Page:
Thursday, December 24, 2009

Prepare ye the way

Misty Path
Originally uploaded by paynehollow
Roughly eight centuries before the birth of Jesus, Isaiah wrote...

The Spirit of God, the Master, is on me because God anointed me.
God sent me to preach good news to the poor, heal the heartbroken,
Announce freedom to all captives, pardon all prisoners.
God sent me to announce the year of God's grace...

Israel was a companion of hard times and acquainted with grief, being a conquered people in a foreign land. Isaiah assured them that the oppression and injustice which they faced daily were not part of God's will.

Hundreds of years later, young Mary - still living in an occupied state and familiar with oppression and hard times - echoed Isaiah's protest, rejoicing in the news that she would bear a son, saying...

What God has done for me will never be forgotten,
the God whose very name is holy, set apart from all others.
God's mercy flows in wave after wave
on those who are in awe before him.
God bared an arm and showed God's strength,
scattered the bluffing braggarts.
God knocked tyrants off their high horses,
pulled victims out of the mud.
The starving poor sat down to a banquet;
the callous rich were left out in the cold.
God embraced the chosen child, Israel;
God remembered and piled on the mercies, piled them high.

Shortly afterwards, John the Baptist was born and his father also echoed Isaiah, reminding everyone that God was with the poor and oppressed...

Blessed be the Lord, the God of Israel;
God came and set his people free.
God set the power of salvation in the center of our lives,
and in the very house of David God's servant,
Just as God promised long ago
through the preaching of God's holy prophets:
Deliverance from our enemies
and every hateful hand;
Mercy to our ancestors,
as God remembers to do what God promised to do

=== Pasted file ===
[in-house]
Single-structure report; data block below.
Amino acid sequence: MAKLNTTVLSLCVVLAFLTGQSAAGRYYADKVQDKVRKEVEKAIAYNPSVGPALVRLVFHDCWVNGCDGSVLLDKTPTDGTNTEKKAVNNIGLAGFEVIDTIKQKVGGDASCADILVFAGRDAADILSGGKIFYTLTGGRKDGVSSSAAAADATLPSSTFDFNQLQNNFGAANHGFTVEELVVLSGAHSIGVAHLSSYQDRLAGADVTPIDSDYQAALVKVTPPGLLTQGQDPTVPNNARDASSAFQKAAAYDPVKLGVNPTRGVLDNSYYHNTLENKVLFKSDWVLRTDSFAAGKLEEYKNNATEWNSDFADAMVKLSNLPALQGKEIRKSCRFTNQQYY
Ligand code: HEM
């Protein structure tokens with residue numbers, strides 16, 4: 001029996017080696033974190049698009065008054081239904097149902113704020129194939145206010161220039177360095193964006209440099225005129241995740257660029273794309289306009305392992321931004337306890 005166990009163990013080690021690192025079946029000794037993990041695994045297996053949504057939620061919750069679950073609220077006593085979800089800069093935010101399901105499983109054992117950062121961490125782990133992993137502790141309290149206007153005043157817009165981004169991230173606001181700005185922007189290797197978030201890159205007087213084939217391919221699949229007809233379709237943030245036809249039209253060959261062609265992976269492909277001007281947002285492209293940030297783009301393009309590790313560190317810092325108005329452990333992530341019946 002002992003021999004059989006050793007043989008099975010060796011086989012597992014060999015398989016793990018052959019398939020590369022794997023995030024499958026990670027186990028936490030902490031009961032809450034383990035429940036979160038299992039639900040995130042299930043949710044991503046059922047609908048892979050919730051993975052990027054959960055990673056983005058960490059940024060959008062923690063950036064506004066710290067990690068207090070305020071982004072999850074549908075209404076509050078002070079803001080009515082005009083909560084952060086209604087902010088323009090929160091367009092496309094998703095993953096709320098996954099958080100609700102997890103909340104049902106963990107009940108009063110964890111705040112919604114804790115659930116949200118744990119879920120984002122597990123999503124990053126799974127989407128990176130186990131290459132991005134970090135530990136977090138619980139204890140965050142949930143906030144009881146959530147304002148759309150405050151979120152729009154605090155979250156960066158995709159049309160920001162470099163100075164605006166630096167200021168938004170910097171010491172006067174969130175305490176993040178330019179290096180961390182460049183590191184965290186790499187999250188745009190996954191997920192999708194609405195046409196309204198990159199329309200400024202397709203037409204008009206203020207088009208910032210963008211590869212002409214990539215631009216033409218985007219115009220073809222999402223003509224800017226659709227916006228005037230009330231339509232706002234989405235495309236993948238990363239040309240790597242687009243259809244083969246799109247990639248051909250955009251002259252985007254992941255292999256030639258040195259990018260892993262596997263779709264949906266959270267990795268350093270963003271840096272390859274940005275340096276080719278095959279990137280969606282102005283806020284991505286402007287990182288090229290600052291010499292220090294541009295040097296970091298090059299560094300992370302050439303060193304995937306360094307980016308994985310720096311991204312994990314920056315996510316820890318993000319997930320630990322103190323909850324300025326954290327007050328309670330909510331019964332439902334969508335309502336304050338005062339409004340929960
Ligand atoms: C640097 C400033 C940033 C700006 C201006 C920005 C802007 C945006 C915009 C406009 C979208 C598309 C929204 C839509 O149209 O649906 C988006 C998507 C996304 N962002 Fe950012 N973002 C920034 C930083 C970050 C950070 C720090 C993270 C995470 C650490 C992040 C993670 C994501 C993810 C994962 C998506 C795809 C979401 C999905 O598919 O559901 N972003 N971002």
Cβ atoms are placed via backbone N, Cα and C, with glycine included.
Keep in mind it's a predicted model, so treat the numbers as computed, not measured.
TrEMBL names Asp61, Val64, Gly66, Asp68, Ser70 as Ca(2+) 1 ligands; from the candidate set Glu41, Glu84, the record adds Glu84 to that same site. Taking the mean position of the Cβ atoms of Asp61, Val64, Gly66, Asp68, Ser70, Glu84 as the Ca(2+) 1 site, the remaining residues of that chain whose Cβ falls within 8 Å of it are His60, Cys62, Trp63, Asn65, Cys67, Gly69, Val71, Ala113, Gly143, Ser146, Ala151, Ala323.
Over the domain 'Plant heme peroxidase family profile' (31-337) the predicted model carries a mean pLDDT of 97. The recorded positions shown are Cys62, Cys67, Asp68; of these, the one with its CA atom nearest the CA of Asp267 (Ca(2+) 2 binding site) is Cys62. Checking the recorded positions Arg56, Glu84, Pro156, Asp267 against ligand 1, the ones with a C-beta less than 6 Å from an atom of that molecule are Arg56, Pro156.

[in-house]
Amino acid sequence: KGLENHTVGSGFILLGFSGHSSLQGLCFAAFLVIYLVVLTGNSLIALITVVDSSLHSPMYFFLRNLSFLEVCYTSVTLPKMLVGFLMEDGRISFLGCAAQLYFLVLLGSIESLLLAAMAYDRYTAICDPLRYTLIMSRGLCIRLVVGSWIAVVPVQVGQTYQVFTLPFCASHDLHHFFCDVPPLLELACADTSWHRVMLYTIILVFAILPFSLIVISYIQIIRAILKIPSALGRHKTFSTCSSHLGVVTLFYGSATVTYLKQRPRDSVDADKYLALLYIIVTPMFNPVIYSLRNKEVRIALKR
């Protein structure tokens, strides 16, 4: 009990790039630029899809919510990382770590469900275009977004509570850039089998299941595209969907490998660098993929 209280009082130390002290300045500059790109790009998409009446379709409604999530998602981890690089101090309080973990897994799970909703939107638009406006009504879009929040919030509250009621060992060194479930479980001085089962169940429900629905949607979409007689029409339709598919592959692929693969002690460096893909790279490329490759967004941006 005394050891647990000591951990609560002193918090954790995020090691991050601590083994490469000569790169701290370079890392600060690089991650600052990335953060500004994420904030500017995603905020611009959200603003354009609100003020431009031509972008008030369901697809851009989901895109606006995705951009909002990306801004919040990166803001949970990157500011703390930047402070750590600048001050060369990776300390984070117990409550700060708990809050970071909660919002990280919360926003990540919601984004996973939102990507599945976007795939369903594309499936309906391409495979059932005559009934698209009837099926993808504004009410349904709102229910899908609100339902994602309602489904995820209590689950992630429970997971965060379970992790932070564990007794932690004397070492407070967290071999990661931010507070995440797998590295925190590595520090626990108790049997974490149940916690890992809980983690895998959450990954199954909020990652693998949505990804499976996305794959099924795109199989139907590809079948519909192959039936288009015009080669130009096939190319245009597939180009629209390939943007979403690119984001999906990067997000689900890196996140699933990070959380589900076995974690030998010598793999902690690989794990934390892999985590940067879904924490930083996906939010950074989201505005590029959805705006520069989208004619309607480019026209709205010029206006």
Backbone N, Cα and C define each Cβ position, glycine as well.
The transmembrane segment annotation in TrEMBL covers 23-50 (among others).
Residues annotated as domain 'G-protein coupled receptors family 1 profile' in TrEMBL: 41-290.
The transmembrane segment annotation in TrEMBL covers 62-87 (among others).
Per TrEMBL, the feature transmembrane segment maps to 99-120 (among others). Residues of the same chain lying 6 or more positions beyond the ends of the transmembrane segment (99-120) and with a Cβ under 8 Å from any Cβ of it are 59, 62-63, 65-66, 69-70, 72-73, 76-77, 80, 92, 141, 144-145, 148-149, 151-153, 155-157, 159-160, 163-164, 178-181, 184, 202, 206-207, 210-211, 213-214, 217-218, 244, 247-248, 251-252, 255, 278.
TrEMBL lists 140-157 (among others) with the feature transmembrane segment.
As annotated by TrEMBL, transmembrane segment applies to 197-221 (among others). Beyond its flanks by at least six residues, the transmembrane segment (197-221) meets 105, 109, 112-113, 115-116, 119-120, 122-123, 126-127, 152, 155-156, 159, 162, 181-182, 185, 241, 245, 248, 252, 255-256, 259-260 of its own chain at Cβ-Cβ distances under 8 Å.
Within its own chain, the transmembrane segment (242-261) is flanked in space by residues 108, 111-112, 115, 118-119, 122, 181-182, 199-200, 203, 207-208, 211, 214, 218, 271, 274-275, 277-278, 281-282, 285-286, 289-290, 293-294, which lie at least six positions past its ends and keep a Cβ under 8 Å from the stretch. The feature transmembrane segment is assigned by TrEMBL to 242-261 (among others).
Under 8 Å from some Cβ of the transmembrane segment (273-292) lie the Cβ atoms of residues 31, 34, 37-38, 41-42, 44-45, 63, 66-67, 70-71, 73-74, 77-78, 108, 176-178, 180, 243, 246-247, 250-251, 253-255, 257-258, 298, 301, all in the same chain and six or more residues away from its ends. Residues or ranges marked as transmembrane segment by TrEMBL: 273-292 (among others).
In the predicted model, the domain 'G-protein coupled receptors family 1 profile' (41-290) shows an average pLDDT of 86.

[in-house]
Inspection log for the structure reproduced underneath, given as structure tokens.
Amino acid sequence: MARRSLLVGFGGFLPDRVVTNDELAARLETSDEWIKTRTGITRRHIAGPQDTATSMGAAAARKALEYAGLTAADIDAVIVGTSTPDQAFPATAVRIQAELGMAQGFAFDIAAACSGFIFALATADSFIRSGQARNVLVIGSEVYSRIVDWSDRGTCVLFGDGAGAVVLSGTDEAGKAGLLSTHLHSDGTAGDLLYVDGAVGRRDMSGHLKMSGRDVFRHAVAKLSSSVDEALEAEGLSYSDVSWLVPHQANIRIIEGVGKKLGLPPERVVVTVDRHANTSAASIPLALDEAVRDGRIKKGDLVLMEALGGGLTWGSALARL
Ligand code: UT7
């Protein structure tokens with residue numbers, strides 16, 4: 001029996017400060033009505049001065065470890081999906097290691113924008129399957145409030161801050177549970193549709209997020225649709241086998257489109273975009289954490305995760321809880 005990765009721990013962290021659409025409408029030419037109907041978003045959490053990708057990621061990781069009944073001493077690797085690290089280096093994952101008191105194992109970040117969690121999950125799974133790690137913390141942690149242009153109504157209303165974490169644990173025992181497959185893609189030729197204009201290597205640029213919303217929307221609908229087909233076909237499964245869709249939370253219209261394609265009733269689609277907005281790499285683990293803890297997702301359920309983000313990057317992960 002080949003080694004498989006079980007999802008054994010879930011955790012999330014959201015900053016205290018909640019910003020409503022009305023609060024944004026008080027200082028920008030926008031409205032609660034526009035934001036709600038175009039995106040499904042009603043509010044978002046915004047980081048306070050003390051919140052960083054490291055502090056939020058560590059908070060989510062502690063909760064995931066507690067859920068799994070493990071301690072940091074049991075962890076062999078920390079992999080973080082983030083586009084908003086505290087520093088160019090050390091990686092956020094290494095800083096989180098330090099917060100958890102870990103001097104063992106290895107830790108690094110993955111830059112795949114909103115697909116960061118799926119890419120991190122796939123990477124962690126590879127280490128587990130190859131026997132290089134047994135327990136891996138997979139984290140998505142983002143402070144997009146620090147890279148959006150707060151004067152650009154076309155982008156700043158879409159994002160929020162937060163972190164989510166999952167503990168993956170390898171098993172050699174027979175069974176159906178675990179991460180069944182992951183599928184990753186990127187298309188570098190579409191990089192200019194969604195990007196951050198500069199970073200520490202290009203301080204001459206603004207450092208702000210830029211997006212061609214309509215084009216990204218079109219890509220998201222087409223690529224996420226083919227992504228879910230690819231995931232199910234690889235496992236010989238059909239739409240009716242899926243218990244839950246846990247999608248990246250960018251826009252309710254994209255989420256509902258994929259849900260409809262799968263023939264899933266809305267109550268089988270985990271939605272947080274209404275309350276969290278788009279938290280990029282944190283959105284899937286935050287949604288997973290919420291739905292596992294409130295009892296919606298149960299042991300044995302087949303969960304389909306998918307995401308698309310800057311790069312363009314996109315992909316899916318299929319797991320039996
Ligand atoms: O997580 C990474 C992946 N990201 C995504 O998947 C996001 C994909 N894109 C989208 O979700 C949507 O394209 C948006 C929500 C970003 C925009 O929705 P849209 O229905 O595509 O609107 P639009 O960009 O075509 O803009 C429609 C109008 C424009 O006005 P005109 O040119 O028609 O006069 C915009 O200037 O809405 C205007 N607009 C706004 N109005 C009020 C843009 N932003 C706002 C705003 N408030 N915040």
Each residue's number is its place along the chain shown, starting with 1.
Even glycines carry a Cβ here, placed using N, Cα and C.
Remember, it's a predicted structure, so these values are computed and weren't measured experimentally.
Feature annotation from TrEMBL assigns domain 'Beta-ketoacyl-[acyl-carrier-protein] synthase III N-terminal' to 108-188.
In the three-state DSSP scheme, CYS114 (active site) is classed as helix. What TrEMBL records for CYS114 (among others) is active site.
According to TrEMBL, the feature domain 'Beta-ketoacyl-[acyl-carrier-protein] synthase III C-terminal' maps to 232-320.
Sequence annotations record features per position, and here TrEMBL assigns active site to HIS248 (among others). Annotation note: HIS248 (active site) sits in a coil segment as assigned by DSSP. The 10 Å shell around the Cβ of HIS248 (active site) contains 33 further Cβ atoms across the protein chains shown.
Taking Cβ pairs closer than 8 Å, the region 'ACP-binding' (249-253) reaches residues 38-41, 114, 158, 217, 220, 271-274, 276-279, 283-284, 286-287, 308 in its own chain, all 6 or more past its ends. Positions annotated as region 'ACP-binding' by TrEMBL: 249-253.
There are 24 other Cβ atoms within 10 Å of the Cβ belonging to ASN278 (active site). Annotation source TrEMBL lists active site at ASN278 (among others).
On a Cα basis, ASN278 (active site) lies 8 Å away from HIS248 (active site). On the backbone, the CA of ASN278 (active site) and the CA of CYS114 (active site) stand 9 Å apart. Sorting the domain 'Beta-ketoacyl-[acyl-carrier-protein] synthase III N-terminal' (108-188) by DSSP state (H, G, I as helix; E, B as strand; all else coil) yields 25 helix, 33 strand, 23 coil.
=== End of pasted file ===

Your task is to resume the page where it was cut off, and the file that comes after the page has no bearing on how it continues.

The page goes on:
And John grew up, going on to be a wild-eyed preacher in the desert, calling Israel to repentence, preparing the way for the promised one. Luke describes it this way...

The crowd asked him, "Then what are we supposed to do?"

"If you have two coats, give one away," he said. "Do the same with your food."

Tax men also came to be baptized and said, "Teacher, what should we do?"

He told them, "No more extortion—collect only what is required by law."

Soldiers asked him, "And what should we do?"

He told them, "No shakedowns, no blackmail—and be content with your rations."

The interest of the people by now was building. They were all beginning to wonder, "Could this John be the Messiah?"

But John intervened: "I'm baptizing you here in the river. The main character in this drama, to whom I'm a mere stagehand, will ignite the kingdom life, a fire, the Holy Spirit within you, changing you from the inside out. He's going to clean house—make a clean sweep of your lives. He'll place everything true in its proper place before God; everything false he'll put out with the trash to be burned."

There was a lot more of this—words that gave strength to the people, words that put heart in them. The Message! But Herod, the ruler, stung by John's rebuke in the matter of Herodias, his brother Philip's wife, capped his long string of evil deeds with this outrage: He put John in jail.

Then, finally, Jesus began his preaching, once again echoing Isaiah (literally quoting him, this time), saying...

God's Spirit is on me;
God's chosen me to preach the Message of good news to
the poor,
Sent me to announce pardon to prisoners and
recovery of sight to the blind,
To set the burdened and battered free,
to announce, "This is God's year to act!"

As we reflect upon this season, upon all that led up to Jesus' birth and the way that God has come to live amongst us, let us give thanks that God IS with us in very real and tangible ways and let us live our lives by God's grace in the steps of the one who came preaching good news to the poor and the day of liberation and salvation.

Merry Christmas and Happy Holidays to everyone.

And on earth, peace, good will to us all.

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